I’m looking at a small press contract, thirteen pages long. It’s a standard contract for the industry, but I have a few questions. It’s for a piece of fiction I haven’t finished yet. I was offered the contract based on an excerpt and a one-page description– a “pitch.” (It was invitational.) This is a new experience for me.
Two weeks ago I was a guest on a podcast. I nearly said “No” when the host, Juliette Wade, invited me because I’d never done one and I was scared. I was scared the technology would be an obstacle, and I was right about that, but Juliette helped me work it out, and I was a guest after all. It was a new experience for me.
A fiction market has had a story for a long time. A very long time. (Okay; years.) I was superstitiously afraid to follow up with them, sure I’d get, “Oh, did we forget to tell you? We rejected that thing 13 months ago, right after you checked last time.” This was a new exp– oh, wait. This is not actually that new an experience for me. What was new was that I finally sent the polite second follow-up. It garnered a nice response (they are still considering it) and not an immediate rejection.
All of these things, even the pacing-the-floor-it’s-with-the-senior-editors-I-can-hope-I-can-hope story submission, are good things.
They are scary. I’m scared.
I was going to say, “I feel like I’ve just clipped my harness to the zipline,” but I discarded that simile. First of all, ziplines go fast. None of these experiences is going quickly.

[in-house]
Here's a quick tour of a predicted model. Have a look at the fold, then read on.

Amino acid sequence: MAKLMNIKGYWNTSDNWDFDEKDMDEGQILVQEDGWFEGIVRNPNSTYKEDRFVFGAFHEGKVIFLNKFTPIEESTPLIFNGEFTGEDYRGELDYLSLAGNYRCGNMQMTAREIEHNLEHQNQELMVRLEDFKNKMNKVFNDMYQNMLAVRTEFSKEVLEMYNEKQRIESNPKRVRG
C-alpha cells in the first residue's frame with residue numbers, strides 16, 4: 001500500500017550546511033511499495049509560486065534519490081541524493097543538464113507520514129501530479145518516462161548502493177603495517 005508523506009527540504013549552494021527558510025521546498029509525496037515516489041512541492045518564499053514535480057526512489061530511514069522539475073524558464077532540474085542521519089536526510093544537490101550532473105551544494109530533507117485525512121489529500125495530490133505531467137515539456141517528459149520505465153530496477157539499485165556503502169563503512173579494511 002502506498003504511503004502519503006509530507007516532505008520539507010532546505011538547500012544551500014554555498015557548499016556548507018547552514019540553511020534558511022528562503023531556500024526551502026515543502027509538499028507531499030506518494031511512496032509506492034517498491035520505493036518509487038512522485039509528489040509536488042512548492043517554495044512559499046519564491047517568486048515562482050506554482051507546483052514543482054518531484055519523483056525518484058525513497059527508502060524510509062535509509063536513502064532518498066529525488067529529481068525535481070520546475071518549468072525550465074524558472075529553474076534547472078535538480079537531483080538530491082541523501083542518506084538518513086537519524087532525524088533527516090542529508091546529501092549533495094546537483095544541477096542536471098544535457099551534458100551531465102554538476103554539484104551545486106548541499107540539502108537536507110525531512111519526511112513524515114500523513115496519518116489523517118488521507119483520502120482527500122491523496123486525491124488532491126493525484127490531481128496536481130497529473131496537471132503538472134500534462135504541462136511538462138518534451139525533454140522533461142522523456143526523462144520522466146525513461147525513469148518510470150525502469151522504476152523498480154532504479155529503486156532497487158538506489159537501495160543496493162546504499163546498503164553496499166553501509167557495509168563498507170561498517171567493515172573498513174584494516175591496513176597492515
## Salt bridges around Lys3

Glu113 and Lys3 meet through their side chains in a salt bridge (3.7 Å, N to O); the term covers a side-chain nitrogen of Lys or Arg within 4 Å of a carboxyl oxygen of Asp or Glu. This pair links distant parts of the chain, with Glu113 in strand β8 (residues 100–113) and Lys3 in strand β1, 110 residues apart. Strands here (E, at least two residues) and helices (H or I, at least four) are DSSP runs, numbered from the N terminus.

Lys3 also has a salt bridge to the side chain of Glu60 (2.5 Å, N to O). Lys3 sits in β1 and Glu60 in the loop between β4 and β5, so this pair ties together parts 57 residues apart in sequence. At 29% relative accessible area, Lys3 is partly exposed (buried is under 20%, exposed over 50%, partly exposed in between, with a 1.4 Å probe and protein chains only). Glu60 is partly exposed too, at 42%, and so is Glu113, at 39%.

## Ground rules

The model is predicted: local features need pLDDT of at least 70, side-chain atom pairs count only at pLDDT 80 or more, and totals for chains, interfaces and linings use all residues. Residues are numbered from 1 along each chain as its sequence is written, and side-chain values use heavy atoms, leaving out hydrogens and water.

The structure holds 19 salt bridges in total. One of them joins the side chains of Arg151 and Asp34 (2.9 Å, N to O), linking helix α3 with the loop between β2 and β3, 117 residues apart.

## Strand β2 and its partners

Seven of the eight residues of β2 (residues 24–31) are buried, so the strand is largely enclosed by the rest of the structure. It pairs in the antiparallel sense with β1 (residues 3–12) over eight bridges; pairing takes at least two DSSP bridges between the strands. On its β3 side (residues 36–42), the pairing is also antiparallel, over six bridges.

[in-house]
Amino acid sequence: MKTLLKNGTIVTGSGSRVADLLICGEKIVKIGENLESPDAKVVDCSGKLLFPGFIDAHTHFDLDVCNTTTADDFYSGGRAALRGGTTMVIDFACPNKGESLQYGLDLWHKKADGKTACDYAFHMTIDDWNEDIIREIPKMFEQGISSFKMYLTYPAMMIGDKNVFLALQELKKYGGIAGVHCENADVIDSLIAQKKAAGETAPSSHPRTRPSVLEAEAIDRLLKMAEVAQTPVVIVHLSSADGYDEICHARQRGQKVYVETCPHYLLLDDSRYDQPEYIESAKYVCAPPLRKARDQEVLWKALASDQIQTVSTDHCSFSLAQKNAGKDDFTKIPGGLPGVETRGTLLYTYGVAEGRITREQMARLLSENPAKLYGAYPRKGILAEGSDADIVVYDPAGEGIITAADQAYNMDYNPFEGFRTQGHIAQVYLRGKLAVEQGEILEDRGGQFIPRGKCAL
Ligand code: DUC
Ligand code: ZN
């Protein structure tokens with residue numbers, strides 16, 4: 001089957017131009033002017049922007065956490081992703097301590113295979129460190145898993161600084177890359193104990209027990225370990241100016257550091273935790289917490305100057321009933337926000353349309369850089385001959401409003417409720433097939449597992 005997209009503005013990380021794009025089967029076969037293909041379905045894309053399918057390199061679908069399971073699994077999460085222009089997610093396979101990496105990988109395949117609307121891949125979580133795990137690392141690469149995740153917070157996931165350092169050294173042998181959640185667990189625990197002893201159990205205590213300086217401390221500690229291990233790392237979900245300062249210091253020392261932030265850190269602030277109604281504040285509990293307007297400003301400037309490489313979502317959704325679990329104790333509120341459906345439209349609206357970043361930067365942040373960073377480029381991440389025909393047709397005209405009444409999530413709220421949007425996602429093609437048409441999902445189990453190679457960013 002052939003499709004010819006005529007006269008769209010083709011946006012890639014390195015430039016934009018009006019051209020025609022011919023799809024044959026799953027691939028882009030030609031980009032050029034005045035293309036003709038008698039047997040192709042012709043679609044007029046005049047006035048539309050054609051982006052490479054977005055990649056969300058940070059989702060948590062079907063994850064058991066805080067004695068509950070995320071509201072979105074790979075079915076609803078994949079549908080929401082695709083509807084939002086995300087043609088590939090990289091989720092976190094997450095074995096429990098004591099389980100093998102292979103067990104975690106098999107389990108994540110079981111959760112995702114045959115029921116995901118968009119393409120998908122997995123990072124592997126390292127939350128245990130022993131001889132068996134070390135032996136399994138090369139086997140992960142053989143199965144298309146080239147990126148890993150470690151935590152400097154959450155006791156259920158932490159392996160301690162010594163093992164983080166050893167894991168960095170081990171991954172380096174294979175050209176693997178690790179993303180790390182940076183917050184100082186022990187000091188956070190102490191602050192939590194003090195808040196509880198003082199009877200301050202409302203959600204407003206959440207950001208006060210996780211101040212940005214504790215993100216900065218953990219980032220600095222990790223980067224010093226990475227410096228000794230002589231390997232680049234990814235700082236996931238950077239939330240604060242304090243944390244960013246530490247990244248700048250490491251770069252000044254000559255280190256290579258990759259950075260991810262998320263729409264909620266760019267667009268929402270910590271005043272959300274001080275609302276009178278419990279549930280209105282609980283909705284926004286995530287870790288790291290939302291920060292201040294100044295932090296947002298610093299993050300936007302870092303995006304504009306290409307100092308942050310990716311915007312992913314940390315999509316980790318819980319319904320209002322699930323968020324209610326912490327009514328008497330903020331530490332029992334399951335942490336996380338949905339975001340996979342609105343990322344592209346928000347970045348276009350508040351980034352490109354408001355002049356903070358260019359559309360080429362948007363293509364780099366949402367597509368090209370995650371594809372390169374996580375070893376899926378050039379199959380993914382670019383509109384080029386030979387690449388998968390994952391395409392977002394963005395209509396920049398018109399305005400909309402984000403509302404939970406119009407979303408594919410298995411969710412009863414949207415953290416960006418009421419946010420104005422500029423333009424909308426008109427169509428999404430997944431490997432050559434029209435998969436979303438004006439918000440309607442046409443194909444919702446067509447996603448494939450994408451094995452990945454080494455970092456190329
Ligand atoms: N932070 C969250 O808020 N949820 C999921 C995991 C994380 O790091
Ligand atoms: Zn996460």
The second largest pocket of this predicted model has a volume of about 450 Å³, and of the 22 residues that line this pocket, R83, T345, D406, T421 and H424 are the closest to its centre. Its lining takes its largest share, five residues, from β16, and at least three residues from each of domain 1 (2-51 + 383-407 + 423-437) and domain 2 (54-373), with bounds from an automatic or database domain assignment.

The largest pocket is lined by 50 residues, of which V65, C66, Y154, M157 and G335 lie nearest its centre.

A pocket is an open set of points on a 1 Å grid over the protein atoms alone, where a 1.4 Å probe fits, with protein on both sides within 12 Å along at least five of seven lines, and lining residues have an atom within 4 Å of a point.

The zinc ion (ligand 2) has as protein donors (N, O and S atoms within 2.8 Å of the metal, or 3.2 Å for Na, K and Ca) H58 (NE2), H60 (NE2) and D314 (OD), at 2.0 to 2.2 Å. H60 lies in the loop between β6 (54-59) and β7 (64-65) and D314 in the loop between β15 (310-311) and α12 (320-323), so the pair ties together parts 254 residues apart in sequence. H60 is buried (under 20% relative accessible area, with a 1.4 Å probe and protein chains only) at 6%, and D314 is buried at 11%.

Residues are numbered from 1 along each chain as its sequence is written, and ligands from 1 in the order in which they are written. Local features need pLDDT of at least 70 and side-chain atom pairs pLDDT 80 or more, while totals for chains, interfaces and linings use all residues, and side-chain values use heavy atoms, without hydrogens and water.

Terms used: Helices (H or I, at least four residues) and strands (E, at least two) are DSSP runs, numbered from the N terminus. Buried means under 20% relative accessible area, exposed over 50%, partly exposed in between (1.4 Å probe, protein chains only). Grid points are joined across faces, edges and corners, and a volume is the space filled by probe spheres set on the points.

Secondly, with a zipline, there’s a line; there’s a harness. There is support.
I think the better analogy is — I’m on a midnight hike on a trail I’ve never been on before, and the light in my flashlight is flickering. I don’t know where to step. Does the trail climb? Does it decline? Does it drop off the edge of a cliff? I don’t know, and I can’t quite see.
Why didn’t I bring some spare batteries?
Well, like the zipline, I actually have more support (fresh batteries) that I might have thought at first.
Regarding the contract, which is a nuts-and-bolts kind of thing, I have already used two readily available resources. Science Fiction/Fantasy Writers of America (SWFA) has a Contracts section on their website. It contains definitions and explanations, and farther in, some sample contracts. This part of the site is open to everyone, not just SFWA members. I also e-mailed my friend and mentor Marta Randall and got a quick response from her on my most urgent question. The contract is no longer scary.
(Finishing the work, which they can still reject… that’s still scary.)
That piece, and the pitch, undoubtedly made it to the second round and led to a proffered contract largely because of the help of my writers group, especially Margaret Speaker Yuan who helped with the pitch.
Writing a pitch is a skill. It can be learned and with their help I’m learning it.
Juliette Wade is a great host and interviewer who creates a fun, low-stress environment on her Dive Into Worldbuilding podcast.
Nothing can help with the OMG-I’ll-be-so-bummed-when-the-reject-it waiting period for the story — however, the story has made it that far, and that’s promising. And it’s a good story.
I’m on a new trail, and I don’t know the way… but I’m not completely in the dark.
(Check out more beautiful, atmospheric art at mikithemaus.deviantart.com.)